What to Do in Case of a Medical Emergency
No one ever plans on being in a car accident or having a heart attack. But accidents and unexpected illnesses can, and do, happen. Those who arrive in the emergency room (ER) by ambulance usually have a life-threatening condition that requires rapid transportation so they can receive care upon arrival.
Others who come by car or on foot will be treated based on the severity of their illnesses or injuries, not on a first come, first served basis.
Understanding What a Medical Emergency Is
Some situations clearly require emergency medical attention, such as a stroke. But other cases are not so clear cut. What about a swollen ankle, unexplained fever or puncture wound? Symptoms that indicate a medical emergency include:
- Difficulty breathing and/or shortness of breath
- Chest or upper abdominal pain or pressure lasting two or more minutes
- Fainting, sudden dizziness or weakness
- Changes in vision
- Difficulty speaking
- Confusion or changes in mental status, unusual behavior or difficulty waking
- Any sudden or severe pain
- Uncontrolled bleeding
- Severe or persistent vomiting or diarrhea
- Coughing or vomiting blood
- Suicidal or homicidal feelings
- Unusual abdominal pain
What to Do if You Believe You Are Having a Medical Emergency
Go to the ER or call 9-1-1 if the condition is life-threatening or if the person’s condition may worsen on the way to the hospital. It is important to be aware that some conditions may seem minor but could become serious if not treated. In situations that may or may not be a medical emergency, call your doctor’s office first or go to a walk-in clinic.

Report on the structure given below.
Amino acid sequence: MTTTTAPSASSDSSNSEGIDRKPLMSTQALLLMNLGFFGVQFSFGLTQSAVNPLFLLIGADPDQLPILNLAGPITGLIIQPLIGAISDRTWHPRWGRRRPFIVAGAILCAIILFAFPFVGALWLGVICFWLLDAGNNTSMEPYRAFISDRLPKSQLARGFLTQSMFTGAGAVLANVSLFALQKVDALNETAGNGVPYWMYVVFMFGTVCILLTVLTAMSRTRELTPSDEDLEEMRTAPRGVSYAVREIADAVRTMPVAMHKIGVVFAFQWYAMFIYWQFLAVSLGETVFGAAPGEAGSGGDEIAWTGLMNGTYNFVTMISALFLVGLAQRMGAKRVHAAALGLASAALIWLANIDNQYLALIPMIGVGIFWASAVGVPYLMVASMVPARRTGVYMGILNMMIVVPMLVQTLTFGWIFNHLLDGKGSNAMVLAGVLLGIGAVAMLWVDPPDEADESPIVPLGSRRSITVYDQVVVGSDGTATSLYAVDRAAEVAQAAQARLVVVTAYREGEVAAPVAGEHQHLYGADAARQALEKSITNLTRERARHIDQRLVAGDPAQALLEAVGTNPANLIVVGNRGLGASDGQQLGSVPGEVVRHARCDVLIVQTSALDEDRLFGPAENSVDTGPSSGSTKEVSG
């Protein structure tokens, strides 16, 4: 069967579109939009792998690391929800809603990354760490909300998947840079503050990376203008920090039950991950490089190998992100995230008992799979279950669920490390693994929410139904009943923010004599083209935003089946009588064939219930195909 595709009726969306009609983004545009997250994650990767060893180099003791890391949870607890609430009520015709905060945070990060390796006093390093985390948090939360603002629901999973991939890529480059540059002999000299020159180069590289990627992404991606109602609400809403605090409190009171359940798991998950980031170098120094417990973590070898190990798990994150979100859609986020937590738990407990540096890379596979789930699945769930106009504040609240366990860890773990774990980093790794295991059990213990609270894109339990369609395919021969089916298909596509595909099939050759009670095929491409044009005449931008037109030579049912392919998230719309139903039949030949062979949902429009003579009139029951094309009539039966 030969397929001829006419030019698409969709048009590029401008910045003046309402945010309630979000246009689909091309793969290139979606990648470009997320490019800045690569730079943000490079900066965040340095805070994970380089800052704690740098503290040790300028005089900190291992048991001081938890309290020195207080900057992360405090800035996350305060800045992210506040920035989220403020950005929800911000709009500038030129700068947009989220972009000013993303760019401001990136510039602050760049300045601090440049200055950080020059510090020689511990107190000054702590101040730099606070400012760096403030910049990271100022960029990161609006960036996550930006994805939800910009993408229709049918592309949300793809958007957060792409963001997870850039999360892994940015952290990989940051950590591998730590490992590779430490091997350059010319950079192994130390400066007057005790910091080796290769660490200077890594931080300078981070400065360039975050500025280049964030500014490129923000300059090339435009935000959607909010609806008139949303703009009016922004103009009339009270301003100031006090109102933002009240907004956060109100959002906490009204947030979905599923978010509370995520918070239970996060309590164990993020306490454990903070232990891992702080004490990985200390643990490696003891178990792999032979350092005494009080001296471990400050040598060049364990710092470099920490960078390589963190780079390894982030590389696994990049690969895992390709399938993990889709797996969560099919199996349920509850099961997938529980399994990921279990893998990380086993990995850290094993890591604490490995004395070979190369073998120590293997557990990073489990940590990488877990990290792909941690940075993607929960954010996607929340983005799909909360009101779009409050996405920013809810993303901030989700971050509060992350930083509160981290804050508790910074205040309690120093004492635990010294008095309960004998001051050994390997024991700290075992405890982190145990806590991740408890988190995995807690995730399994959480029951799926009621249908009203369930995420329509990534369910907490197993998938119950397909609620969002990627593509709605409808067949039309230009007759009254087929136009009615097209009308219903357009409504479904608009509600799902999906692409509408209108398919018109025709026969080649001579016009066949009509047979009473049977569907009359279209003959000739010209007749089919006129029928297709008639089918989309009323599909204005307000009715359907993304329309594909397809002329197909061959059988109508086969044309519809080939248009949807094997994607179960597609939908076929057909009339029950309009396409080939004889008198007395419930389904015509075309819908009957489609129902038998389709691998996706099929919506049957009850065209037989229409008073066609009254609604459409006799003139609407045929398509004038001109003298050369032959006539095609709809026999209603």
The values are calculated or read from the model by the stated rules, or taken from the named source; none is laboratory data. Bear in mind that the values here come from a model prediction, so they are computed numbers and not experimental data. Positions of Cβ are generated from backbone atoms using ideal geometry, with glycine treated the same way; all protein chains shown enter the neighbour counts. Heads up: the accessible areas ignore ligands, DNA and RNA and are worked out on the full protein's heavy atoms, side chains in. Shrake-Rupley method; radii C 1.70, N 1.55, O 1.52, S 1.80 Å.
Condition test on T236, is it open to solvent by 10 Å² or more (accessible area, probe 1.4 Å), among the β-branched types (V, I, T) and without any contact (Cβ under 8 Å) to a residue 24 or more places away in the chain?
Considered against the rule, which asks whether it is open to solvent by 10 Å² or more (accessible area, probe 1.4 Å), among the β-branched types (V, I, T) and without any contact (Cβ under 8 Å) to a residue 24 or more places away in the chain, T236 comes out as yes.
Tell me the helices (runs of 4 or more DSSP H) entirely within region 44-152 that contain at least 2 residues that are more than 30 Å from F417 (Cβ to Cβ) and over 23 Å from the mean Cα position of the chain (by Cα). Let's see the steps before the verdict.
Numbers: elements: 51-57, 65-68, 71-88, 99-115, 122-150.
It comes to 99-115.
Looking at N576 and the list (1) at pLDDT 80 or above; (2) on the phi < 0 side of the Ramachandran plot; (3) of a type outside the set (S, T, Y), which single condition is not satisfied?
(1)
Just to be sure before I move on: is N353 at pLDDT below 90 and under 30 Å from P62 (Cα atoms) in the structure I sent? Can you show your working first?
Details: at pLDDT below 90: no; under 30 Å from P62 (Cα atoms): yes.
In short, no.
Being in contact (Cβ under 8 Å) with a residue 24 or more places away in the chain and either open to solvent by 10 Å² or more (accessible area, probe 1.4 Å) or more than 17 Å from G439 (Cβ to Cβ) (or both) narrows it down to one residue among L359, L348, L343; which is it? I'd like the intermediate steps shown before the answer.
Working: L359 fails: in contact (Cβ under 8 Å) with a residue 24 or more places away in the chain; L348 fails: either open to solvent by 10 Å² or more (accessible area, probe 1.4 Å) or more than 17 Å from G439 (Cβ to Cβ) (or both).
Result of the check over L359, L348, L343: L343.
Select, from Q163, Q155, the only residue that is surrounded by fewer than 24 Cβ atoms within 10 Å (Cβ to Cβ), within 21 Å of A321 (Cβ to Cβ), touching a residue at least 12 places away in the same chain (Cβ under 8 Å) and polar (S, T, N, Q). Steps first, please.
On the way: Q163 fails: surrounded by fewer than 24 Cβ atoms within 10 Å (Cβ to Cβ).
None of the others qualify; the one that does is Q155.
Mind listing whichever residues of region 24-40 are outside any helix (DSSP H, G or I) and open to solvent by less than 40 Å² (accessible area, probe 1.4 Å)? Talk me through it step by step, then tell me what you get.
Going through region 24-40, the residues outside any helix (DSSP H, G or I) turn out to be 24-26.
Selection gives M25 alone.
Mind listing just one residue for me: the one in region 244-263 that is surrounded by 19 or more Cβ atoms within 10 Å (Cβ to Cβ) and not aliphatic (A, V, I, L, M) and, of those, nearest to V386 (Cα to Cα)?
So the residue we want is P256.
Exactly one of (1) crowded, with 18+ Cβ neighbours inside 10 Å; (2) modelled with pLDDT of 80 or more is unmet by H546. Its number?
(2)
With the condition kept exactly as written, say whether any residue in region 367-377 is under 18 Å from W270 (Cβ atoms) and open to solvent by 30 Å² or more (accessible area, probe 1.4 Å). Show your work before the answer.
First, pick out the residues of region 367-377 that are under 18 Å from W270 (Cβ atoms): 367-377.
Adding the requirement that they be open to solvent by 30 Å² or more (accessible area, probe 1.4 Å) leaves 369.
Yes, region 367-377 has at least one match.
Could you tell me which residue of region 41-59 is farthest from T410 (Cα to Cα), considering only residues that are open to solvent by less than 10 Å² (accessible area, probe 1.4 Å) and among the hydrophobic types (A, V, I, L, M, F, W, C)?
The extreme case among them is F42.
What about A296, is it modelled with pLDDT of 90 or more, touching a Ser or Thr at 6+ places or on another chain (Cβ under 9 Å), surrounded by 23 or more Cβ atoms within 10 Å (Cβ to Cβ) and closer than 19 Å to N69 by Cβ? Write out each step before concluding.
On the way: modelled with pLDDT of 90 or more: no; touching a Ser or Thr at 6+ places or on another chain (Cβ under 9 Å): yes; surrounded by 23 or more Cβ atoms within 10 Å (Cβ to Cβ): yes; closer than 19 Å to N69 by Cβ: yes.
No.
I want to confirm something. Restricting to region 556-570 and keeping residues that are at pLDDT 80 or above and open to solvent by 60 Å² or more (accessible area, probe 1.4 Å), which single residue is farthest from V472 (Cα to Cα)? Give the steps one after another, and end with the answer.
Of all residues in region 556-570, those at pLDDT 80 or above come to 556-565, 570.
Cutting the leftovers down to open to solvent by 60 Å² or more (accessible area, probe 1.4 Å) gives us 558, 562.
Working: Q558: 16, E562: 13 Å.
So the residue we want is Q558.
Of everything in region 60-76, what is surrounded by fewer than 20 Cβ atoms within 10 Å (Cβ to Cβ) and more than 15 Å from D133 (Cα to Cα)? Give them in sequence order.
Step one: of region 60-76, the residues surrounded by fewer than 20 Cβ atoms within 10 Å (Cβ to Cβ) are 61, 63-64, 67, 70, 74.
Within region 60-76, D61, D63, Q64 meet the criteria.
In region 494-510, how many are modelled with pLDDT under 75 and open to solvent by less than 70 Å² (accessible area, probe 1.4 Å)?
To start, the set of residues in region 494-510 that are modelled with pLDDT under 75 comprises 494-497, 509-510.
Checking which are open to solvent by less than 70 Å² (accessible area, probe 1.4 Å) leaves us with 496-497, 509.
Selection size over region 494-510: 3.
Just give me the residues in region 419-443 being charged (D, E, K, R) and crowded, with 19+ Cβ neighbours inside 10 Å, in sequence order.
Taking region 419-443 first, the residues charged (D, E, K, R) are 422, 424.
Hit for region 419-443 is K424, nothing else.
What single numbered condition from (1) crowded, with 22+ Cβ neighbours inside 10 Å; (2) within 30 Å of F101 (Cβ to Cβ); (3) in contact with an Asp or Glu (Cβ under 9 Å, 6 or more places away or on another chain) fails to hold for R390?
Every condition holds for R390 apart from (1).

Walk-in clinics are known as minor emergency, urgent care or immediate care centers. They do not require appointments and are often open evenings and weekends. Walk-in clinics are good options if you do not need the high level of care provided in an ER but instead have a minor emergency such as a cut that requires stitches, severe sore throat, sprained ankle or other illnesses that are not life-threatening.
You may not be able to speak for yourself in an emergency.
Having an emergency app on your smartphone allows first responders access to critical medical information stored on your phone without knowing the passcode on the phone’s lock screen. Information can include prescriptions, allergies, medical conditions, blood type and emergency contacts.
What to Take to the Emergency Room
If you do have to go the ER, be prepared. Bring a list of current medications, including how long the medicine has been taken and how often. Include a list of allergies as well as a medical history form if you have one. (You may want to have these records handy for situations like this.) If possible, call your primary care physician ahead of time so they can order lab work if needed or alert ER staff about your condition. If going to the ER with your child, bring an immunization record and a comfort item to help soothe your child.
When going to the ER for medical emergencies that are not life-threatening, you also may want to bring something to read and money for snacks or a soft drink. Try to remain calm so you are better able to communicate with the doctors and nurses who are there to care for you or a loved one.